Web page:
The location is very remote, tucked away in a hidden valley. Here, Un Mas à Ménerbes – a traditional Provençal farmhouse – sits within close distance of the Petit Lubéron mountain range. It’s Jean-Pierre’s country retreat; he loves his second home for the brief escapes that take him far from the daily hustle and bustle of Parisian life. He just has to hop on the superfast intercity rail line to get to Avignon, where Jean-Pierre’s vacation vehicle will be waiting – a handy little Smart car, perfect for transporting carefree guests and their luggage.
A few miles out of the city, the horizon is dotted with villages perched on the mountainsides of central Provence. Gordes, Lacoste, Ménerbes: signposts point the way to the destination. The road runs through vineyards, affording a glimpse of the proud cypresses on the luxurious hotel property of La Bastide de Marie. It twists past glades of holm oaks. Swerving around the last vertiginous curve, Jean-Pierre takes a rocky track through a landscape that becomes a little eerie, almost lunar. The last vestiges of a deserted village are almost lost in the uncultivated scrubland.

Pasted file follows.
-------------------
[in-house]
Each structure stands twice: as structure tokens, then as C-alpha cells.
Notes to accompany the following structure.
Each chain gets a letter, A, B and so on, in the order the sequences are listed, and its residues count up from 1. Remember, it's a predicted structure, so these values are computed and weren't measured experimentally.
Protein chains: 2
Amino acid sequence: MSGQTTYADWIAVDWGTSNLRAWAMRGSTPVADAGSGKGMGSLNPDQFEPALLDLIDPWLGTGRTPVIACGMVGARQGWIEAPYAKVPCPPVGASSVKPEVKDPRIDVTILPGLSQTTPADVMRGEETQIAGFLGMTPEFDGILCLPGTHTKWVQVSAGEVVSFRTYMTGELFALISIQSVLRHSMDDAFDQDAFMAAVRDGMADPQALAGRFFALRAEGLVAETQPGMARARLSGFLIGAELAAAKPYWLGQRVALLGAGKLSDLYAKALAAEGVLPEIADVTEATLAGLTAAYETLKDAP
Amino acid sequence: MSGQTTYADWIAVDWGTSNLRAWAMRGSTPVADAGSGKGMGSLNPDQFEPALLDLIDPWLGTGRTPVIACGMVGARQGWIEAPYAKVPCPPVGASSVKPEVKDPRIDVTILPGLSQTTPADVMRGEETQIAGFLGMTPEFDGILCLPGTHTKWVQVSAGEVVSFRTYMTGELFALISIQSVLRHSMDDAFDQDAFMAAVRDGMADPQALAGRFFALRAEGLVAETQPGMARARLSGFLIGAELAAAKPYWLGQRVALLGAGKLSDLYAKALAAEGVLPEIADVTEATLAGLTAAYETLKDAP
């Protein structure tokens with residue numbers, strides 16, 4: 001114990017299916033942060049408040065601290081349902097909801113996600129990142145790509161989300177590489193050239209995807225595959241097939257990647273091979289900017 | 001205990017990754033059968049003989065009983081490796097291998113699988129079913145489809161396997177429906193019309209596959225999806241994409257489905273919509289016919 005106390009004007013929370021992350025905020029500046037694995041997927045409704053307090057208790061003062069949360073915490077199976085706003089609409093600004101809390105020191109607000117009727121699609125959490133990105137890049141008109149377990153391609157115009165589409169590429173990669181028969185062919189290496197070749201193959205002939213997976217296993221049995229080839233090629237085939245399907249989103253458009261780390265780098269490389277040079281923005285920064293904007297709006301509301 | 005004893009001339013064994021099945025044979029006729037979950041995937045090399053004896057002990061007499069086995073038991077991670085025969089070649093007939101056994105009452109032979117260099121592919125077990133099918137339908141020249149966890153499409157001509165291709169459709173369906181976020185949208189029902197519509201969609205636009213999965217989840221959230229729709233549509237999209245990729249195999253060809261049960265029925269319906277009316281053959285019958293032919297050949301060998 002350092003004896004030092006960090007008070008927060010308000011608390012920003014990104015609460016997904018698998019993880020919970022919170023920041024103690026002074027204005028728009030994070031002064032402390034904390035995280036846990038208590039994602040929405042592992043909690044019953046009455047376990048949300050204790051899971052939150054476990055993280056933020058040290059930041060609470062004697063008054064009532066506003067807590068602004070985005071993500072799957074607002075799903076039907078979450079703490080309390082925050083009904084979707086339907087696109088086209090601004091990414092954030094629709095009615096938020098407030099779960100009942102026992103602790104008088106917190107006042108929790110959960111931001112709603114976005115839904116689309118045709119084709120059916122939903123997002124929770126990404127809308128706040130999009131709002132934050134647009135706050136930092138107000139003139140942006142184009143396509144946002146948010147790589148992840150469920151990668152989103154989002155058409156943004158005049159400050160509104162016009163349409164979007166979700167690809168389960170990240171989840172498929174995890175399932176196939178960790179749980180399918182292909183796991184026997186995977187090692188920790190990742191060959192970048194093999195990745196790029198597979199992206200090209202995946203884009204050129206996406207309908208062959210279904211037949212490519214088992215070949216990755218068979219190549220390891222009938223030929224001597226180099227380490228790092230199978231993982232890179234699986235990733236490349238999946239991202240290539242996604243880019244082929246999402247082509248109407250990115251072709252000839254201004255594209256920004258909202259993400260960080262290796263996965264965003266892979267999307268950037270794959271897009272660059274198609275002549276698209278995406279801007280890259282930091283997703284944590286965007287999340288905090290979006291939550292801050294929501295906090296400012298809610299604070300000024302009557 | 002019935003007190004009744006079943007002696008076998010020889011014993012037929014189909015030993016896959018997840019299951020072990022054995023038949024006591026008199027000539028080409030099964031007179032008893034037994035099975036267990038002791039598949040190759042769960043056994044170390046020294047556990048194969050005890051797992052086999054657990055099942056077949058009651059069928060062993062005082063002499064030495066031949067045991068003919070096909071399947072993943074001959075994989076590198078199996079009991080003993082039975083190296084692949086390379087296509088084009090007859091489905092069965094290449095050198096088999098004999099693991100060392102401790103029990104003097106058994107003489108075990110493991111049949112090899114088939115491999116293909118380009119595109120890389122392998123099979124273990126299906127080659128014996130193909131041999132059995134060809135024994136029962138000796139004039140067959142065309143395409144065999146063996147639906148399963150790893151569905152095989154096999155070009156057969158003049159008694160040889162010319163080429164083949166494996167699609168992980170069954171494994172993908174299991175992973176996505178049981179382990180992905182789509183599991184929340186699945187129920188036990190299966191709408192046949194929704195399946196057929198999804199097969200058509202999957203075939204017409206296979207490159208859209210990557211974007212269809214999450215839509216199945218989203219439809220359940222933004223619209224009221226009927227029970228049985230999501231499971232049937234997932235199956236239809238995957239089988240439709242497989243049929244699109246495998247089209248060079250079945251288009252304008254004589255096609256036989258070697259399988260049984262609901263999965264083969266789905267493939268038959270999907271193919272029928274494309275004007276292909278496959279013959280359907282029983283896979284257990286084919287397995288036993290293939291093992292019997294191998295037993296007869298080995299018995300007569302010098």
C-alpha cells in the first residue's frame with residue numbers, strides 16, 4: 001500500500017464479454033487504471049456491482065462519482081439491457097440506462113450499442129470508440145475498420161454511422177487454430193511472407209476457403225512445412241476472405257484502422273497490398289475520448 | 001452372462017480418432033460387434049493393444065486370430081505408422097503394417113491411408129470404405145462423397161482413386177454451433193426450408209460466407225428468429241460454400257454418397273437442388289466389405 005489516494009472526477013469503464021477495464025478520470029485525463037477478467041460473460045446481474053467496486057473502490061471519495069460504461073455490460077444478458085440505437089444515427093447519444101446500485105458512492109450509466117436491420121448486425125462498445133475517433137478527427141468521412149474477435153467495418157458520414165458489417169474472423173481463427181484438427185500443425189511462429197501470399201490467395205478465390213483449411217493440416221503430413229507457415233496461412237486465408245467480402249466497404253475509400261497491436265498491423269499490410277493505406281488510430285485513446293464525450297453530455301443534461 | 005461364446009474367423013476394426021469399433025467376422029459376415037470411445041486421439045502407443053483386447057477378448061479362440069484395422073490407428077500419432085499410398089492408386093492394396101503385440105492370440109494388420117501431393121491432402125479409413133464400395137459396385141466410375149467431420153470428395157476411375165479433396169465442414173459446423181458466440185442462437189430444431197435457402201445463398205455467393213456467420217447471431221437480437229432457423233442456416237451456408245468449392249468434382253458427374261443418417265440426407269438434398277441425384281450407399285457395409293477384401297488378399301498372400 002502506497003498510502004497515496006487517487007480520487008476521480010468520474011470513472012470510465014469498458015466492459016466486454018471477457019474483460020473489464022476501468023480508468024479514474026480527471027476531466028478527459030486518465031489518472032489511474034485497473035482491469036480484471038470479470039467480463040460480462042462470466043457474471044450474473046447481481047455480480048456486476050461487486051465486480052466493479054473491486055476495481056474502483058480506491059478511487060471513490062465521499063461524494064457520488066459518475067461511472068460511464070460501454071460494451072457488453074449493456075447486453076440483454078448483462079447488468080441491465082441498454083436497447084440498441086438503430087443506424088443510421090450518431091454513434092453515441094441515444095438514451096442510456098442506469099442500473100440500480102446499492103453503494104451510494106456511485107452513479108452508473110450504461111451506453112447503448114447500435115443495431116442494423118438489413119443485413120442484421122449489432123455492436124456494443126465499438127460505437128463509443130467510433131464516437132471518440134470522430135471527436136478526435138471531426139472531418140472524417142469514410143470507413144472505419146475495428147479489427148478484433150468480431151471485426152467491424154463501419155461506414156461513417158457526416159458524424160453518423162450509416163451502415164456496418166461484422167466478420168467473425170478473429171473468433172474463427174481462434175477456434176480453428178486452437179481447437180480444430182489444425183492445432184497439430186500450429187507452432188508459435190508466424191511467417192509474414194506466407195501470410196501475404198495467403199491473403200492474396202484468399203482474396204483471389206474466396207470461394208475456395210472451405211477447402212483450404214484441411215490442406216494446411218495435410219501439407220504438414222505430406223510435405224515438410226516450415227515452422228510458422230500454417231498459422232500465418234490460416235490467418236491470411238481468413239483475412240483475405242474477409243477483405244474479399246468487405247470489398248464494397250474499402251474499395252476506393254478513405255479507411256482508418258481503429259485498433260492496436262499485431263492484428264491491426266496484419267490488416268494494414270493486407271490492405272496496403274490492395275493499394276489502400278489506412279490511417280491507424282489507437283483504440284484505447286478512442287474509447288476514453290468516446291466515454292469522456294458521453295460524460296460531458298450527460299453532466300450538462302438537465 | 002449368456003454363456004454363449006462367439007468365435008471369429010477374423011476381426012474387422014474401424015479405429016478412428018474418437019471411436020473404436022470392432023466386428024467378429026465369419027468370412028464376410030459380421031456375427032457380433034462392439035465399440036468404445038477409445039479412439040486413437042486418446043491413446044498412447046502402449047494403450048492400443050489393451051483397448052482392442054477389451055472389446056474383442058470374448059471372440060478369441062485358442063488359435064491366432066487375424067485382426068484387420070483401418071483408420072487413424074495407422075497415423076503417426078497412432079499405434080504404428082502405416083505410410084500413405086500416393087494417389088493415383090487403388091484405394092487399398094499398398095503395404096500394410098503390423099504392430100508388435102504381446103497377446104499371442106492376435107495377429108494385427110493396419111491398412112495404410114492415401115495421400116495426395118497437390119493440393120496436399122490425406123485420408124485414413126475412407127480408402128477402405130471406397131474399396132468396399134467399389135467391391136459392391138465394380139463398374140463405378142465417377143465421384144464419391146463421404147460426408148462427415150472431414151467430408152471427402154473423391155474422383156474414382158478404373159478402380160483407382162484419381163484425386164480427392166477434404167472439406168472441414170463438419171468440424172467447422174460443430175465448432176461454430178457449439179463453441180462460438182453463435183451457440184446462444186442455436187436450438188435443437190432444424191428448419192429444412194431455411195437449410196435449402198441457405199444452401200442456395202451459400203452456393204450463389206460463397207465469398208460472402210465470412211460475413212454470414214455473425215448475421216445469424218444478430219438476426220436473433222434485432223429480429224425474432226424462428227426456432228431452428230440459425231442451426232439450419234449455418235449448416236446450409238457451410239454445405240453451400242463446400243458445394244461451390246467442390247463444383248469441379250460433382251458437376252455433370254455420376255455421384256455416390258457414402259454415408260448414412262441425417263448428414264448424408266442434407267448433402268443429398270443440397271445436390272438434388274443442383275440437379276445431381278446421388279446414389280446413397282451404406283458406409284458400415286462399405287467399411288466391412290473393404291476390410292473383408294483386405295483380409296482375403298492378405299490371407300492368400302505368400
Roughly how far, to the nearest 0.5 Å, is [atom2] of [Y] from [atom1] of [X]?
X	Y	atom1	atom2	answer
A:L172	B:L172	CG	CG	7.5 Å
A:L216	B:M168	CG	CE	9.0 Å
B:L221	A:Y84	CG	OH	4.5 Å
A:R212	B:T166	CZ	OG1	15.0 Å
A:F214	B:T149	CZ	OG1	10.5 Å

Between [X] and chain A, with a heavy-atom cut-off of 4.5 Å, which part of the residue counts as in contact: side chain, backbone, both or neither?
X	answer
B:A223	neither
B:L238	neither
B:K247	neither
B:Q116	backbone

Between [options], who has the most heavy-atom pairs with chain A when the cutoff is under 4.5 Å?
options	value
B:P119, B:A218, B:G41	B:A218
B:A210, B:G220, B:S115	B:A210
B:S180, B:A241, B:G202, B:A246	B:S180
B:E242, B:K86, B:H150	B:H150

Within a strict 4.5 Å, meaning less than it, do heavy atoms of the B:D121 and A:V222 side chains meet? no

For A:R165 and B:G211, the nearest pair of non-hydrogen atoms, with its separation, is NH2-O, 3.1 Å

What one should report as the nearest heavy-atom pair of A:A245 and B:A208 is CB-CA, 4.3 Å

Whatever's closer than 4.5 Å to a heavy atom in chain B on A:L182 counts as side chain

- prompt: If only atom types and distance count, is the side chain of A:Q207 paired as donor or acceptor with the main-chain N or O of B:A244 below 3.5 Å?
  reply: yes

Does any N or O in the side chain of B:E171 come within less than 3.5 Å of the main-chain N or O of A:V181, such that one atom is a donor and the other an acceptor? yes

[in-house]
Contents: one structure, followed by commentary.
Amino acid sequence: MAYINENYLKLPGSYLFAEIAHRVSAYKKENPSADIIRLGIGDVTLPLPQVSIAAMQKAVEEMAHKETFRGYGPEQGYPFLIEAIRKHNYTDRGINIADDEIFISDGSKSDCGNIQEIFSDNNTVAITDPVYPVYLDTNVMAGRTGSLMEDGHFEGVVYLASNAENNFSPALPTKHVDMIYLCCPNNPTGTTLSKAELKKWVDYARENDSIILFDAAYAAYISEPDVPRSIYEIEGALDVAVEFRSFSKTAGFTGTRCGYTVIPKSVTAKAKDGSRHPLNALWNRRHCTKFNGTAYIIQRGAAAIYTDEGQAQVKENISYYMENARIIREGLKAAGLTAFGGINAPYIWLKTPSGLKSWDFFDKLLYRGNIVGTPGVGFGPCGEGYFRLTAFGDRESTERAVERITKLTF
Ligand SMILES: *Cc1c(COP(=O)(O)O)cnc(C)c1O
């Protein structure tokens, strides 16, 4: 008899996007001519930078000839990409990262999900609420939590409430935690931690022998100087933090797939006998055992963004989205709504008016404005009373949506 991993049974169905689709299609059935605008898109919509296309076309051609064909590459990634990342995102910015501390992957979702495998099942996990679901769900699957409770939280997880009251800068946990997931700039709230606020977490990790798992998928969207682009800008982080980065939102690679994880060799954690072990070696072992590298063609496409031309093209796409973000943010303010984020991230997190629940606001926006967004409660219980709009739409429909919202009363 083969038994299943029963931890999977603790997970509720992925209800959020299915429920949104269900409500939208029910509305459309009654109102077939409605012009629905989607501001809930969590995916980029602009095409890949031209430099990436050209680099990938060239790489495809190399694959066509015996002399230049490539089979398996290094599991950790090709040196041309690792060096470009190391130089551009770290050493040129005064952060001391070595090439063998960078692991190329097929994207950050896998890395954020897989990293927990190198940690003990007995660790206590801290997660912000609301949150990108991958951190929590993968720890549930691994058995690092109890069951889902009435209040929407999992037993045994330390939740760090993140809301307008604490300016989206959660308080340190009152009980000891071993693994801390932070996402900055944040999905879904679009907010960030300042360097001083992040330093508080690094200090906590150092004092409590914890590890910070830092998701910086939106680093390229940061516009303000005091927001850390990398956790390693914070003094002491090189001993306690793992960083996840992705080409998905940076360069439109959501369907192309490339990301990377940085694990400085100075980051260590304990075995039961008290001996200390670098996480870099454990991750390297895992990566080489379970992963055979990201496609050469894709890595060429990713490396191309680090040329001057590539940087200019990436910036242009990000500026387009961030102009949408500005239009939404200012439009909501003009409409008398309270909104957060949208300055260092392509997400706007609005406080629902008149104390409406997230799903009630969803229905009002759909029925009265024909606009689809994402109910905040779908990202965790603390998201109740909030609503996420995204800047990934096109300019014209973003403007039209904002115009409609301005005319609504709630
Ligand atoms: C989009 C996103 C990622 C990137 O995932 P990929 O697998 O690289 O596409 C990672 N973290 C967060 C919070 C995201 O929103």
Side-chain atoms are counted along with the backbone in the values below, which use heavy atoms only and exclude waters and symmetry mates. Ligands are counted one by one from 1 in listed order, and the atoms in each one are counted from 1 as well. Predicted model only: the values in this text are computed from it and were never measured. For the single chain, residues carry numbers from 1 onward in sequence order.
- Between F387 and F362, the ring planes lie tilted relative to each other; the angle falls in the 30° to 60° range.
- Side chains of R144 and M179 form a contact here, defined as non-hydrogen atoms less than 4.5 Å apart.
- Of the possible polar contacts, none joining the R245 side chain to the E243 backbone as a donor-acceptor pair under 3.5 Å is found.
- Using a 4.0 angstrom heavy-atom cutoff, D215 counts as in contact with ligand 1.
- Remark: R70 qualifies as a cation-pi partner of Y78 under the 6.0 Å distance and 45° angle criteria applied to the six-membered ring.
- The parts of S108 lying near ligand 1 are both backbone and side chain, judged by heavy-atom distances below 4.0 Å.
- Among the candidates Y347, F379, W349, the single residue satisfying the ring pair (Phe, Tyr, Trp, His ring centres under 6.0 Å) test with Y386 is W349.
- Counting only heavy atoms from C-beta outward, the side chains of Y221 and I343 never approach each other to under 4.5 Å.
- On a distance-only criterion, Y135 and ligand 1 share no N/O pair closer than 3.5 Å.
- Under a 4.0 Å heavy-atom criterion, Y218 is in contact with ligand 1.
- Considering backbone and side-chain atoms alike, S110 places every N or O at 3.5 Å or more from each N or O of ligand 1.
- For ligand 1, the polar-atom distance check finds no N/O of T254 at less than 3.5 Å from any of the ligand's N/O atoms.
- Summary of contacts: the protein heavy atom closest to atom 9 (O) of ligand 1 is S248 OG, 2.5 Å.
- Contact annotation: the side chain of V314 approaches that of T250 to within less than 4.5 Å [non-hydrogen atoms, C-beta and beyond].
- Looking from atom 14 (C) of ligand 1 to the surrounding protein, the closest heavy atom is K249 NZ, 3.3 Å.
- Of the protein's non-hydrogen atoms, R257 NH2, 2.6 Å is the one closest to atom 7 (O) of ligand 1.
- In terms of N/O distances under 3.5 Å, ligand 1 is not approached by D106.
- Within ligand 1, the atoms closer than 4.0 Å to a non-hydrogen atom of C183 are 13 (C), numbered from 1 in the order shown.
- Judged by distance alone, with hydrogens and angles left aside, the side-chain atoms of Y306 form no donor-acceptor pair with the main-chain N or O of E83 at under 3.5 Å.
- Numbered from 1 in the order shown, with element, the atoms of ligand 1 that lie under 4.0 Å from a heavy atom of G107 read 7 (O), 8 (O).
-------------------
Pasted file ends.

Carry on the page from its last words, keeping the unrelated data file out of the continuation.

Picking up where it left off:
The mas is barely visible. There’s just a glimpse of a heavy roof built of roman tiles in shades of brown and orange. The car comes to a stop. A path covered with rough boards threads its way through the wild grasses to the terrace, sheltered beneath a vast shady arbor. Although we sense the aftermath of a storm, the air is soft and sweet. Every time he arrives here, Jean-Pierre experiences mingled sensations of disorientation, discovery and recognition. It’s a feeling he loves to share with visitors who feel, as he does, the inexpressible pleasure of ‘coming home’.
The mas is 200 years old and the historic structure has been preserved – only the woodwork was redesigned by an architect. A few windows were pierced in the thick walls to provide natural light for the interior. Living spaces open onto a courtyard, which overlooks the valley through a heavy double door made of red cedar. Down the hill, the owner has restored the borie, a simple hut once used to shelter local shepherds, and has added a spacious terrace that’s suspended above the valley.